Diamond System Simplified

Written by Ron Kurtz

Page 1 of 2:  1 ·  2 ·  Next ·  Last

Article Index
Diamond System Simplified (page 1)
Diamond System Simplified (page 2)

The diamond system is usually calculated by assigning numerical values to diamonds but once you understand the parallel lines between the diamonds the math is not required. Just see the lines like we are all used to doing in aiming.

First, a quick explanation on the math. Determine the numerical value for the Cue Ball position diamond and a value for the target diamond of the first cushion to hit with the ball. The value of 2 is always subtracted from the cue ball diamond to determine the target diamond, that?s it. The problem is the balls are never at the exact location the books use as illustrations and they fail to properly detail how to determine the location for cue ball diamond when it is not in the exact location. Part 2 will discuss that part and the use of parallel lines instead of math.

I could not figure out in the diagram how to get numbers next to the diamonds so I placed the corresponding ball on the ?cue ball diamonds? (place 4 ball on diamond 4 etc.). I left the ? diamonds blank so the diamond that is unnumbered between the 3 diamond and the 4 diamond is 3.5. I ran out of balls so there are no numbers for the target diamonds, but it is easy. For the target diamonds corner pocket on the opposite side (top left) is target diamond 0, the next diamond is 1, then 2, 3, 4 ( 4 is the center pocket), 5 ,6 with the last corner pocket being target diamond 7. There are no halves for the target diamond. Remember, all that is really needed is to memorize parallel lines. In the table chart the diamond for the cue ball is at cue ball diamond 5. Subtract 2 from 5 and the target target diamond is 3. That?s all there is to it, hit diamond #3.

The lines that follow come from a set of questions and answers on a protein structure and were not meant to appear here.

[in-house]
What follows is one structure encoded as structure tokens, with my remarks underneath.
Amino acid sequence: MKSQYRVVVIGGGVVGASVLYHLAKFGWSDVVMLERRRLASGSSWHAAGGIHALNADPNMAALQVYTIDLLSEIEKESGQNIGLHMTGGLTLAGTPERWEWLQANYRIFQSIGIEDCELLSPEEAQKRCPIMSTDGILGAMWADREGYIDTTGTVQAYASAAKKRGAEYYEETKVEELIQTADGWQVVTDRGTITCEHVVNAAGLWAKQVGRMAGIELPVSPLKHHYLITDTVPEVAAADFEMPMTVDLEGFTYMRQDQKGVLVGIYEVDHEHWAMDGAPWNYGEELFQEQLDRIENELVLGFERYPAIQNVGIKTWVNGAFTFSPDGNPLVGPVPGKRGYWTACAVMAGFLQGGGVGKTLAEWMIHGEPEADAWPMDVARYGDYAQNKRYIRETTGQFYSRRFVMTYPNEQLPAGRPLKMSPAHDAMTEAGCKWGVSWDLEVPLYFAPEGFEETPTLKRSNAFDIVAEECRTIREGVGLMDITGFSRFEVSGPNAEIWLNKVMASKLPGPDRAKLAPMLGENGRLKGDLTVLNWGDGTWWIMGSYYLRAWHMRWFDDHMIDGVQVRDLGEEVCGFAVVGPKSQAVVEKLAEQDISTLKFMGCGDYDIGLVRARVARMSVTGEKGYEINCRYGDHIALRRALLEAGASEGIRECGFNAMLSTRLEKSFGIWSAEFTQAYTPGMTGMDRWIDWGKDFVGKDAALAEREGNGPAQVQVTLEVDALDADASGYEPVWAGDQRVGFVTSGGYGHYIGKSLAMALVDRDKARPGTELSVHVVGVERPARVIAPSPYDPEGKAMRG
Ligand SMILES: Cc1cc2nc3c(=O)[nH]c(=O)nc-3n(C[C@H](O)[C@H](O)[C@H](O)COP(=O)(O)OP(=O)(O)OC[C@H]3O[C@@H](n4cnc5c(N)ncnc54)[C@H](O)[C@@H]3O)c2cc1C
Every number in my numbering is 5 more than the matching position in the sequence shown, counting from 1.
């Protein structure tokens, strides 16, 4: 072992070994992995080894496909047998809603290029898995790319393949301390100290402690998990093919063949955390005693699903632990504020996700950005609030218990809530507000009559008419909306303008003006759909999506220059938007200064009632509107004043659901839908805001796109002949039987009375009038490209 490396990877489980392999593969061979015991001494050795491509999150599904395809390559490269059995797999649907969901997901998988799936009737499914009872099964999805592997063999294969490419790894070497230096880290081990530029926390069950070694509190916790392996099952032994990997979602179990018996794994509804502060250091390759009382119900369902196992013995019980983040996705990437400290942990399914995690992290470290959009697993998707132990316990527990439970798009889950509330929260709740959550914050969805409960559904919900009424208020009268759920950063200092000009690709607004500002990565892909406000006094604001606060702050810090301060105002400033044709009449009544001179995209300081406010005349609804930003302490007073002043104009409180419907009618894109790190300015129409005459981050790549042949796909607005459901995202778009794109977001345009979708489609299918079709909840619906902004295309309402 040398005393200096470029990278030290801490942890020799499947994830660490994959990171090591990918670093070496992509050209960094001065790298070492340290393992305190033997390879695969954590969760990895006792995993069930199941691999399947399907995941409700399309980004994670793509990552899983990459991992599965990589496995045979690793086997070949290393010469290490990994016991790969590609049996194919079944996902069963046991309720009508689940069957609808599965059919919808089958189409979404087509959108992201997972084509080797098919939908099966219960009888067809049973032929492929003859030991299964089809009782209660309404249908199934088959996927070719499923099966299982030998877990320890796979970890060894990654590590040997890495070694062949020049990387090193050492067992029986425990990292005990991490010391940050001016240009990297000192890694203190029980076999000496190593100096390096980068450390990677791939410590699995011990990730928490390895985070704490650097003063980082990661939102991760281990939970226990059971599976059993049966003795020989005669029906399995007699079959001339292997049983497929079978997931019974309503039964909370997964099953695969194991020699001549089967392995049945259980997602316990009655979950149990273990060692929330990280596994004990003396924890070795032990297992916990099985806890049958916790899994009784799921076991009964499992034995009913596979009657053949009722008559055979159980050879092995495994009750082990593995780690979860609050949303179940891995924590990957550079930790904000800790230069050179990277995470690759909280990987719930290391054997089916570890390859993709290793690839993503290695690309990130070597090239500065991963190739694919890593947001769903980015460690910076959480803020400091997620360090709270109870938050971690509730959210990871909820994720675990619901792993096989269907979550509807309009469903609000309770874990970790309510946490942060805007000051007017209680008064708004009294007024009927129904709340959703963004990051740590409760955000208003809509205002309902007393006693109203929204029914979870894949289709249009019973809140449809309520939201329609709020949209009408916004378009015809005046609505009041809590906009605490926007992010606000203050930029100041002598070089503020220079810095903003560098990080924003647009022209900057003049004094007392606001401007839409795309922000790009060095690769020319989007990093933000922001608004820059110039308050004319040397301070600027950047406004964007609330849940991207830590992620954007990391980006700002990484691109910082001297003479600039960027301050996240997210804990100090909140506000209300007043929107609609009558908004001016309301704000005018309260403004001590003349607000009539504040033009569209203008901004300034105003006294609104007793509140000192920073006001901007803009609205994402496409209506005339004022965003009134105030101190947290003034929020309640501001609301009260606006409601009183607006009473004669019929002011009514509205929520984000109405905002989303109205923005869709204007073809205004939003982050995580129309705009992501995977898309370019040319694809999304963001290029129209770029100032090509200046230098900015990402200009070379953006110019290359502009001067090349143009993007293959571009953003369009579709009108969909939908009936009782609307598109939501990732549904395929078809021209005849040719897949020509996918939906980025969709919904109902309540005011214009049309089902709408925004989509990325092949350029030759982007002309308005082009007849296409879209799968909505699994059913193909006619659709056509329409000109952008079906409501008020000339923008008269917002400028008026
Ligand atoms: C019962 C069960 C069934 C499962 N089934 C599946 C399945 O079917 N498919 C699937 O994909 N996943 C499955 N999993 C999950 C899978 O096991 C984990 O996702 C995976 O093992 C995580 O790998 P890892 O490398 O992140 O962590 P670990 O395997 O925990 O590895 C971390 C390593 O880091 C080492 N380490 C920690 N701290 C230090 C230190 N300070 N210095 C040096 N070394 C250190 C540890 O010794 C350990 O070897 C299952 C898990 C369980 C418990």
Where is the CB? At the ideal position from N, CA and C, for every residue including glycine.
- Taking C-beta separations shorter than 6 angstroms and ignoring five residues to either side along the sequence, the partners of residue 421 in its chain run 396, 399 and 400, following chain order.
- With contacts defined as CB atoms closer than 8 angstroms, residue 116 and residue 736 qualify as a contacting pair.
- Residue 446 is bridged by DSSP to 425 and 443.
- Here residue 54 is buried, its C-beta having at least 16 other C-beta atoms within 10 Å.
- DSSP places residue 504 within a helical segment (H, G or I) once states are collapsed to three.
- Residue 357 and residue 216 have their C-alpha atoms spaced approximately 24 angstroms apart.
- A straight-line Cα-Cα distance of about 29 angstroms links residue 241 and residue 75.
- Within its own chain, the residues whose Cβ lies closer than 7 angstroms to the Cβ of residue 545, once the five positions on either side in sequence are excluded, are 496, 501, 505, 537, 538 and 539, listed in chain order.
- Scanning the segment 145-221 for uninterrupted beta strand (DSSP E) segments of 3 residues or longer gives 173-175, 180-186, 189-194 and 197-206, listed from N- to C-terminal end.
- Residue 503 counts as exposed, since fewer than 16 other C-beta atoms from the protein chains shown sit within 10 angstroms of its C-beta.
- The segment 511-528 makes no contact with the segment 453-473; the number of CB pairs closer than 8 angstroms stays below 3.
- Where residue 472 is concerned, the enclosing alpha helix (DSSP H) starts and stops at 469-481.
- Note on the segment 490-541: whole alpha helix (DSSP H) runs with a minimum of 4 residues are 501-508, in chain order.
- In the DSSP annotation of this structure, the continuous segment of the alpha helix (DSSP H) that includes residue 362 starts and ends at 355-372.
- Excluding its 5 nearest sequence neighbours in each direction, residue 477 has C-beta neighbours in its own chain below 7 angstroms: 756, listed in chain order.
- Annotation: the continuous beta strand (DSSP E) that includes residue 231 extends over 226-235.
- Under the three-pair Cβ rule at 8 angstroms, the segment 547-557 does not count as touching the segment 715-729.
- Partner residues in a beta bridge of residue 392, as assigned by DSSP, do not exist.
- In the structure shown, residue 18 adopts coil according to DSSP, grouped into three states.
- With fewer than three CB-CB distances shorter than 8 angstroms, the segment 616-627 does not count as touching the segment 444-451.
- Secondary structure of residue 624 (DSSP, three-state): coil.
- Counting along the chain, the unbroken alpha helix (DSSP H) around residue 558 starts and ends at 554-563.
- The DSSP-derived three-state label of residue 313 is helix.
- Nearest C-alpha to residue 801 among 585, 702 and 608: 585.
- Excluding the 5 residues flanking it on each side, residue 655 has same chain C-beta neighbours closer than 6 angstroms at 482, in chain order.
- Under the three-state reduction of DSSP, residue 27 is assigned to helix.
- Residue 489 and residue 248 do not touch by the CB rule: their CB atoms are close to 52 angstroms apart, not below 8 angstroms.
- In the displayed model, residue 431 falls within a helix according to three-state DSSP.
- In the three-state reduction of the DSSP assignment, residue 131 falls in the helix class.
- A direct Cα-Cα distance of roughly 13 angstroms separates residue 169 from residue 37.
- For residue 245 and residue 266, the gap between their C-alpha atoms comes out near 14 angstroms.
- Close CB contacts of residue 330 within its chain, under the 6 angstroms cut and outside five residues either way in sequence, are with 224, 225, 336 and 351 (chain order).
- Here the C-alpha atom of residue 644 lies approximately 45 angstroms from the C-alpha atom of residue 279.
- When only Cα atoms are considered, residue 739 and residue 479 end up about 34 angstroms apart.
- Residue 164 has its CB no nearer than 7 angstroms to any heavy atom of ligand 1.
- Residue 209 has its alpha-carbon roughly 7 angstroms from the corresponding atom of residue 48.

All of this assumes no English. If you stroke off center or are inconsistent you will get different results. English can be used to change the angle to bypass balls or pockets etc but that is left to you to adjust. Part two will describe how to determine the cue ball diamond when it is not in the exact spot and to also to forget about the calculations.


Diagram 1

Page 1 of 2:  1 ·  2 ·  Next ·  Last

About The Author: Ron Kurtz started pool when he was about 14 years old and was given his first cue, a Sampaio from Lisbon Portugal, and still have the same cue 40 years later.

Related Articles

Author Info - Ron Kurtz